The USAID/TSP HIV Child and Adolescent ARV Procurement Forecasting Tool is intended to assist program managers, clinicians and support staff in quantifying and budgeting for a program’s child and adolescent ARV needs. The tool: i) allows the user to insert the number of children and adolescents needing ARVs; and ii) provides an output describing how the children and adolescents are expected to transition into different weight bands over time.
The annual Conference on Retroviruses and Opportunistic Infections (CROI) brings together top basic, translational, and clinical researchers from around the world to share the latest studies, important developments, and best research methods in the ongoing battle against HIV/AIDS and related infectious diseases. CROI 2019 will be held from March 4 to March 7, 2019, at the Washington State Convention Center in Seattle, Washington.
The Southern African HIV Clinicians Society’s biannual conference, held in Johannesburg, South Africa, from 24-27 October 2018, focused on clinical content for HIV and TB health care workers in the region and featured a wide range of topics, from new antiretroviral drugs, AIDS-related complications, and opportunistic infections, to promoting adherence and ethical issues.
The HIV New Product Introduction Toolkit provides Ministries of Health (MoHs) and implementing partners with the tools necessary to evaluate the adoption and introduction of new products in their local context. The toolkit includes a wide-range of information, tools, and resources spanning the entire chain of product introduction including product adoption, forecasting, procurement, facility phase-in, and supply planning and monitoring, ensuring that products reach those in need of them.
HIV New Product Introduction Guide: A framework for supporting new product introduction in national health systems
Over the past two decades, the landscape of medications used to treat HIV has evolved rapidly. Treatment options have improved dramatically with the development and availability of more efficacious, safer, and more tolerable antiretrovirals (ARVs). These options allow national treatment programs to better serve the needs of their patients, support significant treatment scale-up, reduce costs, and achieve public health goals. Use of the most optimal regimens and products offers many benefits to national HIV programs and people living with HIV (PLHIV).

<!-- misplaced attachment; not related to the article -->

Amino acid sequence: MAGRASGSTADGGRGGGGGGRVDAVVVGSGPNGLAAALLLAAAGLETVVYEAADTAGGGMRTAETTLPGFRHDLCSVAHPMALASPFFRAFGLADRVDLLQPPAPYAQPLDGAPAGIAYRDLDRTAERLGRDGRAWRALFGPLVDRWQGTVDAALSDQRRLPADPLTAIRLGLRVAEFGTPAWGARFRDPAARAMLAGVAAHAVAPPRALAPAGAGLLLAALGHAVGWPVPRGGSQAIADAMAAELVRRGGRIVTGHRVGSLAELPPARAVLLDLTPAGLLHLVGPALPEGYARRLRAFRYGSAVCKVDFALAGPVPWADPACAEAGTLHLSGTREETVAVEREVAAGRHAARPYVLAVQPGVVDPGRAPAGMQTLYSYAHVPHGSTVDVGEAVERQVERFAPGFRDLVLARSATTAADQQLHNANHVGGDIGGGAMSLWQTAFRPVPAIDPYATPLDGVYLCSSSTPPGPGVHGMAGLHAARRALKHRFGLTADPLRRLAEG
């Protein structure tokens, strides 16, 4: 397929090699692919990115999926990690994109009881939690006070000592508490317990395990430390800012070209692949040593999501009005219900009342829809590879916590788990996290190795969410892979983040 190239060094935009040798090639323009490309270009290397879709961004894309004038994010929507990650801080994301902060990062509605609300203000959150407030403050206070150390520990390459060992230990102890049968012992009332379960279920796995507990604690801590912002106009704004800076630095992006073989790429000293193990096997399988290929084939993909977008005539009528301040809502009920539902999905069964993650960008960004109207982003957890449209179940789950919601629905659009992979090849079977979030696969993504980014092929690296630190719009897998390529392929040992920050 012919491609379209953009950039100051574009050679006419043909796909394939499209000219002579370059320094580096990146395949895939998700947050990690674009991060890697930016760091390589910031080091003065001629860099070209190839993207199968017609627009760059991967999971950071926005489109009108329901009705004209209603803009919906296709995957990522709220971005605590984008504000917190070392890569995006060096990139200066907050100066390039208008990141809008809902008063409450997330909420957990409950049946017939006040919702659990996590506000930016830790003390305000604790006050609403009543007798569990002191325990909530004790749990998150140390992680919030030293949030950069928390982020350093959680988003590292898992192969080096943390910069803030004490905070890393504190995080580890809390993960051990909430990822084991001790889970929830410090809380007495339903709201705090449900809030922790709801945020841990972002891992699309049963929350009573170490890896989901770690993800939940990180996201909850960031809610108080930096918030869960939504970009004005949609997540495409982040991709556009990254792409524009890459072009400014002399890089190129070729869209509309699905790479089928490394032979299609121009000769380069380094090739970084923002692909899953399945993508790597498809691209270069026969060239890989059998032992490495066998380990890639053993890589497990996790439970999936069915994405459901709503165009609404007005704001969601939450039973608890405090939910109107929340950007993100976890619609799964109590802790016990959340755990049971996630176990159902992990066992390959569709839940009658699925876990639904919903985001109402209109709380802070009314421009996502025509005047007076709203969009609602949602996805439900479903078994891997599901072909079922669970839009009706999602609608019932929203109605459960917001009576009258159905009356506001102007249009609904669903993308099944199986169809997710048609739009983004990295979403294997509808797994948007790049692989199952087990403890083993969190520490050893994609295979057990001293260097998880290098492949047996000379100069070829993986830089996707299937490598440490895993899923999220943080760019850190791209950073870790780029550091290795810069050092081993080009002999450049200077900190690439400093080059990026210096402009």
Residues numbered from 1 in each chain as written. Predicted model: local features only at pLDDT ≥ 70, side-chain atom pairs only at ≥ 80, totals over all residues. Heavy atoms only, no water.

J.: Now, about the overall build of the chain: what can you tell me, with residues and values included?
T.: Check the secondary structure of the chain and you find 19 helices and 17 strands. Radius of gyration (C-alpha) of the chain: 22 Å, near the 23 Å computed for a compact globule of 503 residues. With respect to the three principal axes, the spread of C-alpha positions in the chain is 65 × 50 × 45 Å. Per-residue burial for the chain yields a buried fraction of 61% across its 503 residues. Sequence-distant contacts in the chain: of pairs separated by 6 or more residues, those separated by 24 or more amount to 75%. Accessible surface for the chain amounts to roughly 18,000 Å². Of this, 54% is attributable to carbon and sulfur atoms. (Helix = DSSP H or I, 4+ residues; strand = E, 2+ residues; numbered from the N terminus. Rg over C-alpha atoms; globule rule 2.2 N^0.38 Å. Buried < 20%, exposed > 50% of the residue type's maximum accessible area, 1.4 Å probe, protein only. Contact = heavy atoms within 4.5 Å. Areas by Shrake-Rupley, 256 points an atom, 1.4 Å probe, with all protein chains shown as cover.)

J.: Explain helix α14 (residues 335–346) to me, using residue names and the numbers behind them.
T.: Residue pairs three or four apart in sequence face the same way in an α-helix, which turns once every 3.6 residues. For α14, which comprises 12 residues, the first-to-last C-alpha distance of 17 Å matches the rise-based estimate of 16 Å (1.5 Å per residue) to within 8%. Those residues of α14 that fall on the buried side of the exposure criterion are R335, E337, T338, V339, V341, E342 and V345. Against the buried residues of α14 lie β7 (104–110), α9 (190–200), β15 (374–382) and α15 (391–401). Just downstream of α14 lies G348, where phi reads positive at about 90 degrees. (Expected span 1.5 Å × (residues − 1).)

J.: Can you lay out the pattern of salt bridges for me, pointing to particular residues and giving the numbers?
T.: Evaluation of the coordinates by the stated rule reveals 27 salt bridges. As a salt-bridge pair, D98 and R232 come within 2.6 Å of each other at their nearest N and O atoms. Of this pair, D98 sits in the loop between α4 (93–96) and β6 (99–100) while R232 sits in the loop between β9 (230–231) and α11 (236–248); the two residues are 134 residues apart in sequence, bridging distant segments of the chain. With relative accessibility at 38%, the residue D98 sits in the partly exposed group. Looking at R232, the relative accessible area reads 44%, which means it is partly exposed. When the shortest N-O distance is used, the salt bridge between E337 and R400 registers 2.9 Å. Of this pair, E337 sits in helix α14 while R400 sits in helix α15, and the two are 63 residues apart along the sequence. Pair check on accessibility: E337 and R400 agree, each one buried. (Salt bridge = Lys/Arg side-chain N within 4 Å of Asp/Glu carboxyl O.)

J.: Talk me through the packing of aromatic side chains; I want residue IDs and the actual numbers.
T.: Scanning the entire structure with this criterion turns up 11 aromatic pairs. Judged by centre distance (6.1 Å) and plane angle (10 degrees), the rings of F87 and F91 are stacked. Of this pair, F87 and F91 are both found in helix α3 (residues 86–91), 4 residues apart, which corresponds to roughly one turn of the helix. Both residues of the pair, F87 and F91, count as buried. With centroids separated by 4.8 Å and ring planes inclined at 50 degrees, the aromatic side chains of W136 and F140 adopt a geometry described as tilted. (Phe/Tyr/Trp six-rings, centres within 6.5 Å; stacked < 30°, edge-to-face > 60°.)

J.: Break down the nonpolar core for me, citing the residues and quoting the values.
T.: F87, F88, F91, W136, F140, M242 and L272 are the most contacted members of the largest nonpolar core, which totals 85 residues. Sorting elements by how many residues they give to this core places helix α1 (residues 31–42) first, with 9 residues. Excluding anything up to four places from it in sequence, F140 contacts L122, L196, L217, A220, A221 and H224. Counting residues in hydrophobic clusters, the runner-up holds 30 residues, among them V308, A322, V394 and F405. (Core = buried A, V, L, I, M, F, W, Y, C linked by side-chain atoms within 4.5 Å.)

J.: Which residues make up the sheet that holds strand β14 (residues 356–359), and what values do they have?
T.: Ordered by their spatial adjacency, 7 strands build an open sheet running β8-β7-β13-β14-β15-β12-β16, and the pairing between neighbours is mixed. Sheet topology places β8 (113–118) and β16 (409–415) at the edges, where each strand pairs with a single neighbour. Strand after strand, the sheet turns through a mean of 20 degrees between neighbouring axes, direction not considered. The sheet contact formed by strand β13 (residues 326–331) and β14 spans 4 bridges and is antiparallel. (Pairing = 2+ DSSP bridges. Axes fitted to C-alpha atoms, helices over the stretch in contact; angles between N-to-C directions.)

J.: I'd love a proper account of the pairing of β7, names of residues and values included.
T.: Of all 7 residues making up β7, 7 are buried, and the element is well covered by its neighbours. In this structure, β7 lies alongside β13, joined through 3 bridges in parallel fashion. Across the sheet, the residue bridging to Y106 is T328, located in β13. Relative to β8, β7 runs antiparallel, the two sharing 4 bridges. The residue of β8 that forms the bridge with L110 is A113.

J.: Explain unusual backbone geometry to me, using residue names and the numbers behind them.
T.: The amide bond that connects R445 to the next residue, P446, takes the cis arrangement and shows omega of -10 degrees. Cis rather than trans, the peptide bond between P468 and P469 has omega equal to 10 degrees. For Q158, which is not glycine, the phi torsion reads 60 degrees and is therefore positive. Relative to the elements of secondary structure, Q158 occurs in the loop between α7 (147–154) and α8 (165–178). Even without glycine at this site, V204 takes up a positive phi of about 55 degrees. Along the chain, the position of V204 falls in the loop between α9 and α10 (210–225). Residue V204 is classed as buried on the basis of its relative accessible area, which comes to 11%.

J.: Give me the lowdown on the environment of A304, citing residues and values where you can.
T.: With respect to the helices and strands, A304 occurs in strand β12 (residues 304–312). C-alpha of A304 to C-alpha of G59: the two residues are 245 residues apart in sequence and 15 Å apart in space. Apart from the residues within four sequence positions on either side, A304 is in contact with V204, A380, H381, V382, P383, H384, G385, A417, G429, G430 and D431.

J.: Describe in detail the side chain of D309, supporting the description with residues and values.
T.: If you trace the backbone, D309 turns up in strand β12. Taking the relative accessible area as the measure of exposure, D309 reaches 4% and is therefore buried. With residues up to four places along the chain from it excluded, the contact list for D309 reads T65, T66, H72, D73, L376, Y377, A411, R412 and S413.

The Southern African HIV Clinicians Society’s biannual conference focuses on clinical content for HIV and TB health care workers. The 2018 conference programme has been carefully designed to benefit all health care practitioners, with topics ranging from new antiretroviral drugs, AIDS-related complications, opportunistic infections, promoting adherence and ethical issues.
HIV-1 viraemia and drug resistance amongst female sex workers in Soweto, South Africa: A cross sectional study
HIV drug resistance (HIVDR) poses a threat to future antiretroviral therapy success. Monitoring HIVDR patterns is of particular importance in populations such as sex workers (SWs), where documented HIV prevalence is between 34-89%, and in countries with limited therapeutic options. Currently in South Africa, there is a dearth in evidence and no ongoing surveillance of HIVDR amongst sex work populations. This study aims to describe the prevalence of HIVDR amongst a sample of female sex workers (FSWs) from Soweto, South Africa.
Fungi are major contributors to the opportunistic infections that affect patients with HIV/AIDS. Systemic infections are mainly with Pneumocystis jirovecii (pneumocystosis), Cryptococcus neoformans (cryptococcosis), Histoplasma capsulatum (histoplasmosis), and Talaromyces (Penicillium) marneffei (talaromycosis). The incidence of systemic fungal infections has decreased in people with HIV in high-income countries because of the widespread availability of antiretroviral drugs and early testing for HIV.
Approximately 1.4 million women living with HIV become pregnant every year. Most women use antiretroviral therapy, to reduce the risk of vertical transmission or for personal health reasons. Using the GRADE framework according to the BMJ Rapid Recommendation process, we make recommendations for optimal choice of combination antiretroviral regimen considering patient values and preferences, the balance of desirable and undesirable outcomes, their uncertainty, and practical issues.